La courte échelle 

Guest-curated by Yto Barrada, Mateo Lopez and Carlos Garaicoa

Meriem Bennani, M'Barek Bouhchichi, Yaima Carrazana, Johanna Castillo, Juliana Góngora,

Dania González, José Manuel Mesias, Mazenett Quiroga and Santiago Reyes Villaveces

Online viewing room

July 1 to August 8, 2020

Johanna Castillo

Mi sala (my living room), 2017

100% cotton woven

170 x 152 cm

Courtesy of the artist 

US$ 4 000

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custom duties and shipping costs

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Mi sala is a reflection of a moment when I was living in a house, I never called home, filled with surveillance cameras inside and outside. Being out of a space I could paint in my own colors, switch objects when I felt it, dance really loud salsa with la escoba while cleaning, cut avocados in my own way, and not being so neutral in dinner conversations made me self-conscious of existing as a not-so-free being in a space. Was I fooling myself pretending I was free? Or was I just adapting to the space because I had to? I considered “mi sala” part of the initial processes to reclaim space, power and agency to exist and play with the world I want to exist in as a free Dominican woman with an afro outside of my island. 

Mi espacio, tu espacio (my space, your space), 2018

Recycled cotton knitted

162 x 150 cm

Courtesy of the artist

US$ 3 000

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Mi espacio, tu espacio reflects the ongoing exploration of the questions: what does a safe space mean to me? How does a safe space feel to me? Where am I allowed to exist, to play, to heal, to unlearn, to decolonize, to deconstruct imposed imaginaries over my “tropical” body, my “exotic” hair and my nature of existing as a woman with “that looks like a wig” afro? This piece is a reminder that for me to decolonize the spaces I find myself in (tu espacio), I have to decolonize my own idea of self, my body and my mind (mi espacio).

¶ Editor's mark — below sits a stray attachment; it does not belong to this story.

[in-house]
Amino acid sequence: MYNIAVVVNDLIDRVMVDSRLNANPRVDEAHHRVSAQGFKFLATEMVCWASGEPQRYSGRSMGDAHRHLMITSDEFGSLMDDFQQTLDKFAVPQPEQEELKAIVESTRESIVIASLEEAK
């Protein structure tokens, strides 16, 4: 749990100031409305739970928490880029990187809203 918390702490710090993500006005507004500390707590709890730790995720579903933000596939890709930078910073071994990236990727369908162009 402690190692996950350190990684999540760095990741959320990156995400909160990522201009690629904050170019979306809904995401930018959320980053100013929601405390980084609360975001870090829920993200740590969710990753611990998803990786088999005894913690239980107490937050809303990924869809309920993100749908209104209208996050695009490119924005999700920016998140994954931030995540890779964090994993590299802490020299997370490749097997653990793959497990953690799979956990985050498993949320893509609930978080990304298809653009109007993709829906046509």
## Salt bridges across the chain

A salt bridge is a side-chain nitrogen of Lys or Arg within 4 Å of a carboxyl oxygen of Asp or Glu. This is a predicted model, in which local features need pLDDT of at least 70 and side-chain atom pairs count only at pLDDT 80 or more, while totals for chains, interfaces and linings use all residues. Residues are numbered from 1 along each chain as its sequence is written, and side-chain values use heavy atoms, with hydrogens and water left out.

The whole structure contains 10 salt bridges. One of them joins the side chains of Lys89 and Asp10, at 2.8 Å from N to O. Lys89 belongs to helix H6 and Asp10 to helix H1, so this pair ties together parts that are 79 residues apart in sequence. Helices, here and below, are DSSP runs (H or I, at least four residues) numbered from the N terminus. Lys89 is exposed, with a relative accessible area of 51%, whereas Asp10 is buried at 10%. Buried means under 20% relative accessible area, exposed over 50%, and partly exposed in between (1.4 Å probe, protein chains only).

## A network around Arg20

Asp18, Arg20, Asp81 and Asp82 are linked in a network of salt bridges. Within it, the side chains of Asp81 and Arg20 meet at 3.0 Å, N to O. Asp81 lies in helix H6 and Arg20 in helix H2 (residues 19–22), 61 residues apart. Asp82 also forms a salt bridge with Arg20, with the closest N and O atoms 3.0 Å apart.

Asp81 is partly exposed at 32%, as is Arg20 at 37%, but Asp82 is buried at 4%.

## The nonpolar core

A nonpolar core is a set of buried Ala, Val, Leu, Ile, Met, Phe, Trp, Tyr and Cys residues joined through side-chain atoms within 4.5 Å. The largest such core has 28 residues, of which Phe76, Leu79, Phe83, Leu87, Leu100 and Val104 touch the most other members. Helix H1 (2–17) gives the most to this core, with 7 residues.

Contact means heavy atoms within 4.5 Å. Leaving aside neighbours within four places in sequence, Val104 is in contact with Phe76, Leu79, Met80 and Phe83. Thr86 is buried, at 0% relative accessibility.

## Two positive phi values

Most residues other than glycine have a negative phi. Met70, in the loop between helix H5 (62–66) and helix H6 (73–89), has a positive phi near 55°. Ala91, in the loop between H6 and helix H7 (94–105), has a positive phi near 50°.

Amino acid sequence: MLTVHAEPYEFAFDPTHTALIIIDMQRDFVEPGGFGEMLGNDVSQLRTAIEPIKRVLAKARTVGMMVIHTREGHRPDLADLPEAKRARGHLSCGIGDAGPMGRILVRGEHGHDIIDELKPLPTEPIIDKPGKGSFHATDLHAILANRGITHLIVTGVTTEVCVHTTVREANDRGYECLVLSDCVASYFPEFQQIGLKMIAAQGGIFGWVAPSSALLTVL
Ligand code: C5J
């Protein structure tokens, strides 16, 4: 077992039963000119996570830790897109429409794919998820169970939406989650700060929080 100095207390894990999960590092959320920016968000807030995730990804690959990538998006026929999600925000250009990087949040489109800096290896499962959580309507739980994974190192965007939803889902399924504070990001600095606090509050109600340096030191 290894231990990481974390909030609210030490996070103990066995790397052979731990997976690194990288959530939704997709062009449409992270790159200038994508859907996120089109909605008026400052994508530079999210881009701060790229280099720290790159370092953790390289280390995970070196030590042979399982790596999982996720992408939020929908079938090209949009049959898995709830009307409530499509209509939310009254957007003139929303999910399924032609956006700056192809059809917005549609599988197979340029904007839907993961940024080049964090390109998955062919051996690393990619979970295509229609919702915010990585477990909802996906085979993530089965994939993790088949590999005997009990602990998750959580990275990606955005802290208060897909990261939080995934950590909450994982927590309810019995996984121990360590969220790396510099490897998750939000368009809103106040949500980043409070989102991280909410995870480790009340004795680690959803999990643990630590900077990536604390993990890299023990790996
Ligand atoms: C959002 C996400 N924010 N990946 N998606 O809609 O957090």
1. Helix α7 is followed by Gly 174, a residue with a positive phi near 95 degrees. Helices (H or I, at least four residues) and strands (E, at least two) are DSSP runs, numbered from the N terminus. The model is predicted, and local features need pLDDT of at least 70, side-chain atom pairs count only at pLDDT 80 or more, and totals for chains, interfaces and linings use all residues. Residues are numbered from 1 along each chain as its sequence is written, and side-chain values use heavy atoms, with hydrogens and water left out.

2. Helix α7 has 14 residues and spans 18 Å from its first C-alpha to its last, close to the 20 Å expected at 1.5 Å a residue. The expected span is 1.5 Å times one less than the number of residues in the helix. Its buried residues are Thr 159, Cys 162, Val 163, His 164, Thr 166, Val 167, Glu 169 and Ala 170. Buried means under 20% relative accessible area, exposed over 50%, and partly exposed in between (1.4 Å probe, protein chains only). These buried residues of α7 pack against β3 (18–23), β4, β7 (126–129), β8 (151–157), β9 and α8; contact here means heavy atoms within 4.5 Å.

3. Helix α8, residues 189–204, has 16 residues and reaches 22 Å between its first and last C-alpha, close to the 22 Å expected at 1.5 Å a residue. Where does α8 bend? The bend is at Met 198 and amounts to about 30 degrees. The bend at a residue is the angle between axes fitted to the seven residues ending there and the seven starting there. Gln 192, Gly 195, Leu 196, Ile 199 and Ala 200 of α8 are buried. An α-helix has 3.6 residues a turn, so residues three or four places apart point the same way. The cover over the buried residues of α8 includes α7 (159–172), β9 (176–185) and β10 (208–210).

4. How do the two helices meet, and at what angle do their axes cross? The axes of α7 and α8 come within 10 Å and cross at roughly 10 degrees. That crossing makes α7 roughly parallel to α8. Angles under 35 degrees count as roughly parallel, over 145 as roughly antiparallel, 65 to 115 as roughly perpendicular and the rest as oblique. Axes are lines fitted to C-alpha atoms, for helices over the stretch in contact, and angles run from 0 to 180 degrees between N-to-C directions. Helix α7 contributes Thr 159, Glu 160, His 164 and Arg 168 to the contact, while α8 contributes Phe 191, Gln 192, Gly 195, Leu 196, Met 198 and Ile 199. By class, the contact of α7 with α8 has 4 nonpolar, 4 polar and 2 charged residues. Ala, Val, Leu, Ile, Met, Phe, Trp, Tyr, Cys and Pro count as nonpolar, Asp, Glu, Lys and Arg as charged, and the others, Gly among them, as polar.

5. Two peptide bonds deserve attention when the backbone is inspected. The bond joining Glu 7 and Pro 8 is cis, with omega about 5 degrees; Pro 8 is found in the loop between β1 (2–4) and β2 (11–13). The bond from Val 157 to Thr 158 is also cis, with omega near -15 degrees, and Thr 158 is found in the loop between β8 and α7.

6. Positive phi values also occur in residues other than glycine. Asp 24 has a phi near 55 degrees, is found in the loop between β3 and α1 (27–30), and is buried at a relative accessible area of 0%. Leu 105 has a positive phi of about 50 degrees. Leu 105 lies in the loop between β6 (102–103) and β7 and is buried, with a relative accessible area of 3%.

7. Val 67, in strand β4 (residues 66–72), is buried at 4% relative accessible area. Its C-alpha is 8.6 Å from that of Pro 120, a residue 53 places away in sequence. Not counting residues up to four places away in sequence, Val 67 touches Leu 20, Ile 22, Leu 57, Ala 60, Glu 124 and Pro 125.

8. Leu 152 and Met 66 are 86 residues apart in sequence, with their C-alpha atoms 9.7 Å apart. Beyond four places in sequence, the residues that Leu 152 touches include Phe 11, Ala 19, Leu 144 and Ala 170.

Biography

 

Johanna Castillo (b. 1995) is an Afro Dominican artist who integrates practices of collaborative installation, performance, interactive sculpture, collective questions, virtual knots, photography, textiles and discourses around material culture, local-ness, the statement “you don’t look Dominican” (by Dominicans and Non-Dominicans), and safe spaces in response to concerns on human connection, social constructs, identity, colonization, human rights and the devastation of natural resources.

 

Born and raised in the Dominican Republic, she studied Fashion Design and graduated from the Altos de Chavón School of Design in the Dominican Republic (2015) and Parsons the New School for Design in New York (2017) where she focused on materiality, systems and ways of bringing people together through textiles.

 

Recent artworks focus on creating inclusive spaces in the form of collaborative textile installations that grows with the participants, where everybody is encouraged to come down to their “nothingness,” deconstruct who they think they are and the perceptions of “others”, and connect with others through recycled or local textiles as her way of planting the seed that everybody is a knot away from re-connecting with themselves, others and nature.

 

On the other hand, Castillo is developing an ethnographic project called “Knots as Modus Vivendi” in her island Quisqueya (República Dominicana and Ayiti) which aims to understand the local context of textiles, deconstruct Eurocentric fashion theories, explore their own assumption of “local” through the island’s materiality and archive the narratives of the different demographic groups within the informal markets population to understand the consequences that globalization has brought to the production processes/local economy of Quisqueya.